Inaccurate coding impacted on the validity of the measures reported, and acted as a constraint on the perceived usefulness of the feedback as a basis for practice change. Data quality was often linked with the data collector’s skills and/or experience, which varied between audits and sites. For example, a surgeon participating in the BAUS audits explained that they trusted the accuracy of their data because: ‘I know that I’ve written every bit of that data myself’ (Urological surgeon, Site 4). In comparison to BAUS, data collection for NCAs that reported at service, rather than specific procedural-levels, was supported by a mix of clinical and non-clinical staff. In these contexts, the importance of clinical support for data validation was highlighted. However, even where services were satisfied with the accuracy of their own data, there was apprehension about the quality of other organisations’ data against which their performance was compared.
In summary, participants across Trusts reported interacting with feedback produced by NCA suppliers. However the resources allocated to support audit participation (which impacted data quality and timeliness) and access to resources to enact change in response to this feedback were reported to constrain its use as a tool for stimulating quality improvement. Despite these constraints, however, examples of how and why (the mechanisms) different groups within Trusts interacted with and acted on feedback produced by NCA suppliers, and the circumstances (the contexts) that influenced these interactions, were provided and are discussed below.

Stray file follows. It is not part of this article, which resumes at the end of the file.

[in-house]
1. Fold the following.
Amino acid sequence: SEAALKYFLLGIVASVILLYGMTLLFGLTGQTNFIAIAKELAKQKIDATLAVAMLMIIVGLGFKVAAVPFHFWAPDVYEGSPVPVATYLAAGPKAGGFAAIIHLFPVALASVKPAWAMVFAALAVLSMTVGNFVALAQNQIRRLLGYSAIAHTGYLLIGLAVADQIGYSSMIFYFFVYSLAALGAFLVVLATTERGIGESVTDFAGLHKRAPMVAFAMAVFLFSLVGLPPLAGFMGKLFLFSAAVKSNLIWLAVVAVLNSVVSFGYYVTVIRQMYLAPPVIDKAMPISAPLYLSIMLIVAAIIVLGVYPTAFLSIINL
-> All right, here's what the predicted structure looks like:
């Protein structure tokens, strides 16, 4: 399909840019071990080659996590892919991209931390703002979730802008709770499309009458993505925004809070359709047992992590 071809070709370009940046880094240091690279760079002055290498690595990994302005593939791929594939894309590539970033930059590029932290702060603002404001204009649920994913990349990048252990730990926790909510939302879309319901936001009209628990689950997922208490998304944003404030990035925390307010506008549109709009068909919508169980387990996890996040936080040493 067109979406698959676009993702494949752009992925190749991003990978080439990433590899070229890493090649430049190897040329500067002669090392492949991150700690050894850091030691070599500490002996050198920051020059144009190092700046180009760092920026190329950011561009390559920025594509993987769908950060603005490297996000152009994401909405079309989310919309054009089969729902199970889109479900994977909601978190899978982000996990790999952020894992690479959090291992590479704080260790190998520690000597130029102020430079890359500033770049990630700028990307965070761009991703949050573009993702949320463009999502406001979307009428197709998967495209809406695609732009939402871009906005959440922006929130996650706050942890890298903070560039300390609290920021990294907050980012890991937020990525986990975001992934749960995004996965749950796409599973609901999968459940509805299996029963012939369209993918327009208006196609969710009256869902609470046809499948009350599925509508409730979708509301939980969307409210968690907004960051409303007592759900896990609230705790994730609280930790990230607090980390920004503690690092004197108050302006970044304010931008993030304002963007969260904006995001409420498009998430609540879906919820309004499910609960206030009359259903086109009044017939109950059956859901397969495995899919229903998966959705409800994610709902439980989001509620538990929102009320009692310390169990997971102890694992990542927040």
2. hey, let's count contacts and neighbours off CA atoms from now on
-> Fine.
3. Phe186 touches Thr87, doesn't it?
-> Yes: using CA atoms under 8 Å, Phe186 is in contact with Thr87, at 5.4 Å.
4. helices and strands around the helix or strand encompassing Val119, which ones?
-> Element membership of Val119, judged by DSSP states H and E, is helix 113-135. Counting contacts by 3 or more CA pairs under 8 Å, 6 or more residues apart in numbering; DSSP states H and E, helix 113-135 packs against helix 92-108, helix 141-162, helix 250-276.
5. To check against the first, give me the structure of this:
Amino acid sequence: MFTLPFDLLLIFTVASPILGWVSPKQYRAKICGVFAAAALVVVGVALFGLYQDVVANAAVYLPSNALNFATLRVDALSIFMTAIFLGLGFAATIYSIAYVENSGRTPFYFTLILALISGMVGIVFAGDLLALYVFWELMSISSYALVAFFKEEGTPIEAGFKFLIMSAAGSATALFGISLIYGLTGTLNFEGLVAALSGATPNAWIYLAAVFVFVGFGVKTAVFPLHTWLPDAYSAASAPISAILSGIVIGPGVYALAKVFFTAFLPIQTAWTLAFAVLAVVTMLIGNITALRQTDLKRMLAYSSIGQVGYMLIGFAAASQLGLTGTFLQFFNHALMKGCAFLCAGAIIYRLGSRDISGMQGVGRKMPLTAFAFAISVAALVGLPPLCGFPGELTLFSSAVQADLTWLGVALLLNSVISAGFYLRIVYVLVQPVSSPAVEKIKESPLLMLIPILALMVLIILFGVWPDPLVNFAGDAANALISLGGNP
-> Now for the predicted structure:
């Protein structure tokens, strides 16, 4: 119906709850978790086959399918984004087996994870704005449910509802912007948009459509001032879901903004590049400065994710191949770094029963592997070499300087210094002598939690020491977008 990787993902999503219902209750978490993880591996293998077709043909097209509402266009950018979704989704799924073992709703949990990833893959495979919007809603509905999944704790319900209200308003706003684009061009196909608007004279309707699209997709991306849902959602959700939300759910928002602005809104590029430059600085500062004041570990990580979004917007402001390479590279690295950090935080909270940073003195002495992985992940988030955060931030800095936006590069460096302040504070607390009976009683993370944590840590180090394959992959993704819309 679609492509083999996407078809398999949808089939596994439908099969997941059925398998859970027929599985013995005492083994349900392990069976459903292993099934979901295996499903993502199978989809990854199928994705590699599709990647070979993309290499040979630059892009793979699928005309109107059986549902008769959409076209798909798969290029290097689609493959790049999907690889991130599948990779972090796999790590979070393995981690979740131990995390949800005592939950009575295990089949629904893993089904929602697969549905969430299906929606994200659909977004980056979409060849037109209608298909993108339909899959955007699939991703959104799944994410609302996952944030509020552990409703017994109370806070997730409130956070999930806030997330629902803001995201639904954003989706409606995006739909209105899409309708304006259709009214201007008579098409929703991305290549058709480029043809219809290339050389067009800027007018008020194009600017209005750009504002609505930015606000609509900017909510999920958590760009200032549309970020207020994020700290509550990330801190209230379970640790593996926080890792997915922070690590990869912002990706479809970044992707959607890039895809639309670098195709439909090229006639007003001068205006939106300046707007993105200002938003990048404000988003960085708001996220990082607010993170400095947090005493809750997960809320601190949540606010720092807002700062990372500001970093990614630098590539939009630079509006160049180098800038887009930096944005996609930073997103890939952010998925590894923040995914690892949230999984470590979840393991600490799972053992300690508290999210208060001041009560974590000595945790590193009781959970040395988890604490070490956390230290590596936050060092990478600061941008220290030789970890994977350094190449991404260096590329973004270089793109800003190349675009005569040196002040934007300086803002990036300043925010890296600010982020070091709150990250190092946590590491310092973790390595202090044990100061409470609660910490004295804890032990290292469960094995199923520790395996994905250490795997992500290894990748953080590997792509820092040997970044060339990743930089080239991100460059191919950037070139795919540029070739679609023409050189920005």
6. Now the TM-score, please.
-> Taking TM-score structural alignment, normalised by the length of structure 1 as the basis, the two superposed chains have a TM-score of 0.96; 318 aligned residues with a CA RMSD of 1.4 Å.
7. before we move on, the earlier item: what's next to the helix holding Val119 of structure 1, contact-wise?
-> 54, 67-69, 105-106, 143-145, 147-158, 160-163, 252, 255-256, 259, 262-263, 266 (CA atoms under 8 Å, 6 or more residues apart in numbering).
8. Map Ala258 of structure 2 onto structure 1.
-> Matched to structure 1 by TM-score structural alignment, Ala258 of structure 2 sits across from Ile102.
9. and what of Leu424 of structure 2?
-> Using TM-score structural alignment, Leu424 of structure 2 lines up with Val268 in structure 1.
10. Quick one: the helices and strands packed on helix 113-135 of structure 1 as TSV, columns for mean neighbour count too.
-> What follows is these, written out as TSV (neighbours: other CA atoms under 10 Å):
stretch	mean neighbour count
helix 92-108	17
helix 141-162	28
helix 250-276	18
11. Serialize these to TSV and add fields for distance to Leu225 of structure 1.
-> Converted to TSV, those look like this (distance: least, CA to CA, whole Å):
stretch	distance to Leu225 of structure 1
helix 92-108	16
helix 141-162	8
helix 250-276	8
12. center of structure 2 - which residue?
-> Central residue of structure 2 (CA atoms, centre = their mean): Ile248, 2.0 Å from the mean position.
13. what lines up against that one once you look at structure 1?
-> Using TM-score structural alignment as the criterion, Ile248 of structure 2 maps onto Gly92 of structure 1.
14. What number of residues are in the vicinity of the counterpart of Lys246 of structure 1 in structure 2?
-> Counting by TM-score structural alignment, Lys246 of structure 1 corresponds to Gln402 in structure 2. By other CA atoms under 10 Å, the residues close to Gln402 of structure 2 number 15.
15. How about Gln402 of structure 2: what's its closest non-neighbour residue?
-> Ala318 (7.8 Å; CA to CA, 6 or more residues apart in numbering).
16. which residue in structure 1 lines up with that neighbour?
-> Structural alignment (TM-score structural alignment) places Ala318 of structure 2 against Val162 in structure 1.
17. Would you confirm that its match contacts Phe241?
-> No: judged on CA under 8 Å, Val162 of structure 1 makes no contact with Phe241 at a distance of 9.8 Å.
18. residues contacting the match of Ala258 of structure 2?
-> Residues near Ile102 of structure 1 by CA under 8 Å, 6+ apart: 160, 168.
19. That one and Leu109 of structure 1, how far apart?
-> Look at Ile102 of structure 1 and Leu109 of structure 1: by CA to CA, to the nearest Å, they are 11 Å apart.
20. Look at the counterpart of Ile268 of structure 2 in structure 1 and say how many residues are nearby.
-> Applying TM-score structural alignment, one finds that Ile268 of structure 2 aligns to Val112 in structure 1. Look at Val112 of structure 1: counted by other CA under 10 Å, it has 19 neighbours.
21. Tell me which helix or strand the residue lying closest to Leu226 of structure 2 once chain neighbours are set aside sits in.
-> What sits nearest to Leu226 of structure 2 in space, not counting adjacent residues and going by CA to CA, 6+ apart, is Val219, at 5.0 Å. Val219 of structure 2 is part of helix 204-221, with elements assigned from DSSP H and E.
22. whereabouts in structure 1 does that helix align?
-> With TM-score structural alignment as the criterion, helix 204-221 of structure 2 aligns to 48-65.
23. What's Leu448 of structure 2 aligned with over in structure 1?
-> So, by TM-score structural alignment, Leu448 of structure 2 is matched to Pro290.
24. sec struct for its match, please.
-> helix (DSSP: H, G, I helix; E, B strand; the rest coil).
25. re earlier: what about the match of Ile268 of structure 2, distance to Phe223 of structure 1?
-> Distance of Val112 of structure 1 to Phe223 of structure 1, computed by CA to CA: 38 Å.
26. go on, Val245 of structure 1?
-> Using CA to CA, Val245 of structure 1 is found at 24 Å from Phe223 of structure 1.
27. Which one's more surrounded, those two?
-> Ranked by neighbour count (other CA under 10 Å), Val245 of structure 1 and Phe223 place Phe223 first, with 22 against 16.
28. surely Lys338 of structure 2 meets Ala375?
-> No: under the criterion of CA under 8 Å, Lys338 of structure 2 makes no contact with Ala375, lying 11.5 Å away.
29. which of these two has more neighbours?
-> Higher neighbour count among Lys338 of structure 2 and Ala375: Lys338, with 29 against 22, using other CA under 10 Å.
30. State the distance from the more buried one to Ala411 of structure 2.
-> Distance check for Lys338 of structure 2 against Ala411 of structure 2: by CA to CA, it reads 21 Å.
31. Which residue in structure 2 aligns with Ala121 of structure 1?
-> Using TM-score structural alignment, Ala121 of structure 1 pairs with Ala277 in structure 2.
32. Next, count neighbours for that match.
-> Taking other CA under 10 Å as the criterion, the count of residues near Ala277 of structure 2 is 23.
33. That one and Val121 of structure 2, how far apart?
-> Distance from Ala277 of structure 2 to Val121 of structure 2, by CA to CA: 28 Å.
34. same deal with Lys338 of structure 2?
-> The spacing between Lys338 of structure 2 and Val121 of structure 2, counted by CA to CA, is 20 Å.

Protecting trust reputation
Trust Boards and their sub-committees monitor performance of services across their organisations. As NCAs report about specific clinical specialities and patient groups, members of these governing groups discussed that their interactions with NCA feedback was typically limited to particular circumstances, as explained by this Trust Board member:
‘The division of medicine would oversee quality of the stroke service, so there would be the SSNAP audits, the stroke performance, stroke mortality etc., etc. through there, and feed up areas of concern through to the appropriate committee then through to quality committee and if necessary to Trust Board.’ (Trust Board Member, Site 2)
The participant explained that clinical specialities are responsible for monitoring and improving the quality of their service, but escalate areas of concern to Trust management groups. In these circumstances, participants reported that Trust Boards were more likely to respond to NCA feedback when the clinical service audited was to appear as an outlier in the public report, as described by this Trust Board member:
‘If we’re going to be an exception for any measure, the national audit team will get in touch with us, and say, you’re going to be an outlier for this particular metric. And, you usually get a short period of time to check your data, and also then, if the data’s correct, for you to write a comment, which they don’t necessarily always commit to publish, but they say they might put a comment on their website for example.’ (Trust Board Member, Site 1)
Here, rather than the feedback itself, notification from the audit supplier prior to public reporting, prompted a response from the Trust Board. A Paediatrician (Site 1) commented that Trust Boards were particularly responsive to performance measures considered publically sensitive in nature: ‘they [the Trust Board] want to know that we’re not killing more patients because that’s the first thing that the press pick up on’. Put simply, Trust Boards appeared keen to maintain public confidence in their hospitals’ reputations for providing safe and effective care and acted on NCA feedback where this was brought into question. Where services were identified as outliers in this way, Trust Boards or their sub-committees continued to monitor them, until satisfied that appropriate standards had been met, as described by a Quality Manager (Site 1):